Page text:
President Maine? ANCYL leader says he should 'preferably' be Ramaphosa's successor in the ANC
ANC Youth League (ANCYL) president Collen Maine believes the league's former leaders should be next in line for the position of president of the governing party, according to an IOL report.
Previous youth league presidents, such as Lulu Johnson, Malusi Gigaba and Fikile Mbalula, should be vying for the position, Maine told the South African Students Congress (Sasco) and ANCYL members at Mansfield Hall at Durban University of Technology, the publication reported.
Maine's audience ostensibly clapped and laughed when he said that he should "preferably" be one of Ramaphosa's potential replacements.
According to IOL, Maine said the ANC needed youth to "take over", adding that the "old blood has reached a ceiling".
"They enjoy being madams and chiefs because when you're ministers and MECs, civil servants call you chief or madam and you enjoy that and you forget about the manifesto of the ANC, particularly as it relates to youth development."
Last month, News24 reported that the ANCYL was outraged by Johnson's exclusion in the party's lists for the National Assembly and provincial legislatures.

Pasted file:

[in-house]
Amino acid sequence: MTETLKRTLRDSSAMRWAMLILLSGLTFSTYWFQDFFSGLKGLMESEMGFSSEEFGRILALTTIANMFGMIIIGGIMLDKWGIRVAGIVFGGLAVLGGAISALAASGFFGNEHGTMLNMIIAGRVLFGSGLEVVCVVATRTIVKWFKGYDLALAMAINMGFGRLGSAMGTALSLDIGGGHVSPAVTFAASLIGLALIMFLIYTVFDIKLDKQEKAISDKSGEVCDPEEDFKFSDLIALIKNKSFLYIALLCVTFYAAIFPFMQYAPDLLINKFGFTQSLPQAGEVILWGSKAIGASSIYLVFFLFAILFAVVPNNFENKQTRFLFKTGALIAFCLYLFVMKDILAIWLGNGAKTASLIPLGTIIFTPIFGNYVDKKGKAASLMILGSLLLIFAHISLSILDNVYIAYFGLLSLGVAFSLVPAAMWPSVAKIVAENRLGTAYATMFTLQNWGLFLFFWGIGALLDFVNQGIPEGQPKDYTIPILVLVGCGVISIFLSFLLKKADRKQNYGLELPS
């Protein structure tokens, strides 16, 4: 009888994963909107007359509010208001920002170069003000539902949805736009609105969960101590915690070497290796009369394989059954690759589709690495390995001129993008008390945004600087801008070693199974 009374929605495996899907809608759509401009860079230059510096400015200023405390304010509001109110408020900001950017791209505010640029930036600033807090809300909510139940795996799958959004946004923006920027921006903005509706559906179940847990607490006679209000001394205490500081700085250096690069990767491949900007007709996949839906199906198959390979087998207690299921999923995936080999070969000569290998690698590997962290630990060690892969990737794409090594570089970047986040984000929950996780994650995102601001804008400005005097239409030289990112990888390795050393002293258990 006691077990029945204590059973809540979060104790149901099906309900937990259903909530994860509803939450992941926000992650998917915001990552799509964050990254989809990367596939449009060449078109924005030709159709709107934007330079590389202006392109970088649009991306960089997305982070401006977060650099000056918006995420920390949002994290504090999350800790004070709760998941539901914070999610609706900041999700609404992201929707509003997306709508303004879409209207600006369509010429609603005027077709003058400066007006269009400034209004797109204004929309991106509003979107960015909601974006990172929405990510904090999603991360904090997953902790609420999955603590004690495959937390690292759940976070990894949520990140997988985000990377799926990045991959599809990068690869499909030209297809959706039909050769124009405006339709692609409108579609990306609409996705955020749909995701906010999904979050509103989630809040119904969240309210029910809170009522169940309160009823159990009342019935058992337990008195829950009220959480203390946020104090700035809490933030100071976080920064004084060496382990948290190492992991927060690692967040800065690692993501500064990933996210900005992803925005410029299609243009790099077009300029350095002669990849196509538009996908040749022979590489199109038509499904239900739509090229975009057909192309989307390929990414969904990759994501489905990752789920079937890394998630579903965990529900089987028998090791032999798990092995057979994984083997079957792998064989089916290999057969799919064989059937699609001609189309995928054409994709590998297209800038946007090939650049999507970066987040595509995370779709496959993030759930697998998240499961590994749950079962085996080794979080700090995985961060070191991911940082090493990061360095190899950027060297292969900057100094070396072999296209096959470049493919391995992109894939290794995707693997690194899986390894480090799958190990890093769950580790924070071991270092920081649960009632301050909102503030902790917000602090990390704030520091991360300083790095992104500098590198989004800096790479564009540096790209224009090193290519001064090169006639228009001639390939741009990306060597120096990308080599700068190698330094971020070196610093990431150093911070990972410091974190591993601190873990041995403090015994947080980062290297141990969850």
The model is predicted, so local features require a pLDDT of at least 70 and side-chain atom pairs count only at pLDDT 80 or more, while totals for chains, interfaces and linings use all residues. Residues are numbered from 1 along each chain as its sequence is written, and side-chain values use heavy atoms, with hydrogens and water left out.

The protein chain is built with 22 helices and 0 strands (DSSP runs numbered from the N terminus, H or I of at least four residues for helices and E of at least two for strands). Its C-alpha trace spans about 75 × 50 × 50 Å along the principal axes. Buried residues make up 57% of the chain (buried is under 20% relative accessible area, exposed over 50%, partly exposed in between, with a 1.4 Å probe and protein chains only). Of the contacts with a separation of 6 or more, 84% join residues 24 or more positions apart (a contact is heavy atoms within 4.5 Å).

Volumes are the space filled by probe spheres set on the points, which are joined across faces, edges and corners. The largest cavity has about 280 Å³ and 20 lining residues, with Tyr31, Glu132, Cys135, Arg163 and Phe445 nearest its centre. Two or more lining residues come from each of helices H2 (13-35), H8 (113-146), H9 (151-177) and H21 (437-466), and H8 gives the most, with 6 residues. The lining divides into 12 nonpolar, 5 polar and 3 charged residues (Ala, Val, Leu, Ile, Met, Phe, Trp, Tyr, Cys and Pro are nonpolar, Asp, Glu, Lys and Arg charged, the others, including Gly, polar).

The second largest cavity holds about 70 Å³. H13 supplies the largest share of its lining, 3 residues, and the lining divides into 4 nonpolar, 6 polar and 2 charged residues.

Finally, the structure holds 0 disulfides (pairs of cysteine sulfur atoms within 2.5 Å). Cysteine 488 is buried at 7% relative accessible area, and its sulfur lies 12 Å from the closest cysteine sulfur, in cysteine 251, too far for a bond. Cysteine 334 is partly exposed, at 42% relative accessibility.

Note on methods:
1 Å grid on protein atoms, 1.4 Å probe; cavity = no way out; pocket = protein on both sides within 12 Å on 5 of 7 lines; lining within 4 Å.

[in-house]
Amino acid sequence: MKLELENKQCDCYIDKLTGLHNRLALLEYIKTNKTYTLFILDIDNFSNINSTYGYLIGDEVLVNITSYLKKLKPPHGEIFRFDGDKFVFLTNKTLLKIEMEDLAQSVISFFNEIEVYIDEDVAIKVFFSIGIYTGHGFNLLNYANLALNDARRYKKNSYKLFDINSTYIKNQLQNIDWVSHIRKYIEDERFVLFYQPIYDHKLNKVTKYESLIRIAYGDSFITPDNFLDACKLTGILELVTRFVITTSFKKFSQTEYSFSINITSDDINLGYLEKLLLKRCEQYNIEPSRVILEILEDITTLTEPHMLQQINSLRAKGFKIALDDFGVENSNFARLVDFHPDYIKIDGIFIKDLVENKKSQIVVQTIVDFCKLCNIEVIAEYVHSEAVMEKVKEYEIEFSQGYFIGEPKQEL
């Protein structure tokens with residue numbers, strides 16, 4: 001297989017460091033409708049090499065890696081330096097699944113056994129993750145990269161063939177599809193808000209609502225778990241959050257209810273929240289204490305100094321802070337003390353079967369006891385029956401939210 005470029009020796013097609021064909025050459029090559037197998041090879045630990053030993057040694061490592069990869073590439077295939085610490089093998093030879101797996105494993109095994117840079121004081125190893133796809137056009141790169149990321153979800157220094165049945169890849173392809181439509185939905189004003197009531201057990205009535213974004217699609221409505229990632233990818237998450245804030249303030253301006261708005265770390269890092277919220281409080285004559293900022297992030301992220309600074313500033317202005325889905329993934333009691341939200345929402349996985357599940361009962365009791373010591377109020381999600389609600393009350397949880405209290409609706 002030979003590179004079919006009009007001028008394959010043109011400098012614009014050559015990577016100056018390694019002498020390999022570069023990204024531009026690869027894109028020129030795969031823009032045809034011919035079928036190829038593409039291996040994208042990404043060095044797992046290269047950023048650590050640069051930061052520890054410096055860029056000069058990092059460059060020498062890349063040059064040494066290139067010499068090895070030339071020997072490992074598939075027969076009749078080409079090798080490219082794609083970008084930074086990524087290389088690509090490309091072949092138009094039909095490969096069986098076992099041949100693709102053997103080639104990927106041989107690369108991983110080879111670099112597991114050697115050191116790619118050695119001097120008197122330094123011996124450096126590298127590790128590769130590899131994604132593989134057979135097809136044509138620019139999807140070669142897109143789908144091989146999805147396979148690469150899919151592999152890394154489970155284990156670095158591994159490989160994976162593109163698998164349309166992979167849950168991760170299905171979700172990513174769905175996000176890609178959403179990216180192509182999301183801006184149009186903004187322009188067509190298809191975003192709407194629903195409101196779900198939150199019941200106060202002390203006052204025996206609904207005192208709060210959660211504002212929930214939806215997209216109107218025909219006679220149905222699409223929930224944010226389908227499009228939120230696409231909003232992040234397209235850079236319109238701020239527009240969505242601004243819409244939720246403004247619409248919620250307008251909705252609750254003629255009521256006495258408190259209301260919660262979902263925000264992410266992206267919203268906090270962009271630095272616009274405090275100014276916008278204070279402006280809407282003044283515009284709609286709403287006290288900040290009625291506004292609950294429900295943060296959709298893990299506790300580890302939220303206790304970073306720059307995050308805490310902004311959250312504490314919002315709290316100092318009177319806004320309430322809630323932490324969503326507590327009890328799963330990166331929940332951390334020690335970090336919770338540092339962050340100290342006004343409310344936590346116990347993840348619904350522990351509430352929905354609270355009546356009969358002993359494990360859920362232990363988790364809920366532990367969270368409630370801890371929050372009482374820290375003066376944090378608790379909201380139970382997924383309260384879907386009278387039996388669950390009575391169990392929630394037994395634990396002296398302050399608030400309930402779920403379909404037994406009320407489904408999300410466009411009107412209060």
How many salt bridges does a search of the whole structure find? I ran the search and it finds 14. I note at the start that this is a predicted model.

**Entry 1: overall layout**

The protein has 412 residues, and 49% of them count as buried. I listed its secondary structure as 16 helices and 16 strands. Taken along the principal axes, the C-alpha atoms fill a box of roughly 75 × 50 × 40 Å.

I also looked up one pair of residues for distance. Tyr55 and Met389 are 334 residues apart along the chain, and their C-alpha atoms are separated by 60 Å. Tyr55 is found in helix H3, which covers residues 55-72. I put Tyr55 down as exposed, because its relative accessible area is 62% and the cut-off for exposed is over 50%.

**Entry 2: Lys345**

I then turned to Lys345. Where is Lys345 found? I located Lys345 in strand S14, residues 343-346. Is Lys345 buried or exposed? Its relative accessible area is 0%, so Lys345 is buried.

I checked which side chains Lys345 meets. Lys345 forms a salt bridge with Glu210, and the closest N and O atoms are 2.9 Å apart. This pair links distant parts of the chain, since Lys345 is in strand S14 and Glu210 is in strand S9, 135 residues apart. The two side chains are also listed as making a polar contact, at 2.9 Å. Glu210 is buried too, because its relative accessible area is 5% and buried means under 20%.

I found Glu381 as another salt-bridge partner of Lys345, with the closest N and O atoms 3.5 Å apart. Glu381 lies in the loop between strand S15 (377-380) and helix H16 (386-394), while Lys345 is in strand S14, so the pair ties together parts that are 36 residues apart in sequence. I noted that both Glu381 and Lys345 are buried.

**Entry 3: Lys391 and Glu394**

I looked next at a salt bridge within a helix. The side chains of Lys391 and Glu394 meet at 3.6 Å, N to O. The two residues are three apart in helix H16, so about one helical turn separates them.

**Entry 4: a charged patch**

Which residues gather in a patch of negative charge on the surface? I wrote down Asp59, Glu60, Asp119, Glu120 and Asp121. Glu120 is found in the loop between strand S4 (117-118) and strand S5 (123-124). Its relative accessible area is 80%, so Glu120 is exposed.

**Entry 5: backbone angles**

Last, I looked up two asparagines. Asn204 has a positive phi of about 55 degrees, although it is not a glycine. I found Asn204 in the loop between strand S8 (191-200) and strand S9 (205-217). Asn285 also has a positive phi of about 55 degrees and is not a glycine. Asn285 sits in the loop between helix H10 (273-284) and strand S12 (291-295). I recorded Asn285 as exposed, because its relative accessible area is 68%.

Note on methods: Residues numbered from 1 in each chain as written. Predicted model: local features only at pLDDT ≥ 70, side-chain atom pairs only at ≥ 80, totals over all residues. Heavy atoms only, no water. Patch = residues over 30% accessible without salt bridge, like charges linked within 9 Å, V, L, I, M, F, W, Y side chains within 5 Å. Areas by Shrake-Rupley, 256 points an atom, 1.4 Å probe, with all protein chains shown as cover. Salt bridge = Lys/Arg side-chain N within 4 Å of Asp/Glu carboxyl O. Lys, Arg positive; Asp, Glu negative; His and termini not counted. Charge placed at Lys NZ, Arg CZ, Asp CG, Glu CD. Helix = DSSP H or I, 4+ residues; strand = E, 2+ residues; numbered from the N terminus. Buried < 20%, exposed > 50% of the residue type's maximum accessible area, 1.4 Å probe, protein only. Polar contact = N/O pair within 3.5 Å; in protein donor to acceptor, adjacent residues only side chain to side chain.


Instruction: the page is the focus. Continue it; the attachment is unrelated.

ANCYL Nelson Mandela Bay regional secretary Luyolo Nqakula said at the time said that it was an "extreme injustice" because Johnson was an "ethical comrade" who had been doing a sterling job as the head of the water and sanitation portfolio committee in Parliament.
ANCYL spokesperson Mlondi Mkhize also said at the time that almost all past presidents of the youth league, apart from Johnson, were ministers. He argued that they "can't have leaders like comrade Jeff (Radebe) who has been there forever at the expense of younger and capable leaders".
In January, ahead of the ruling party's birthday celebrations, Ramaphosa gave the ANCYL the task of being the ANC's "leading edge" in their election campaign.
During his address at a Peter Mokaba commemoration in Durban, Ramaphosa praised and admonished the ANCYL, saying the league's leadership was not impacting on the lives of young people. Instead, it was only seen to be concerned with sending out press releases attacking people or reacting to events.
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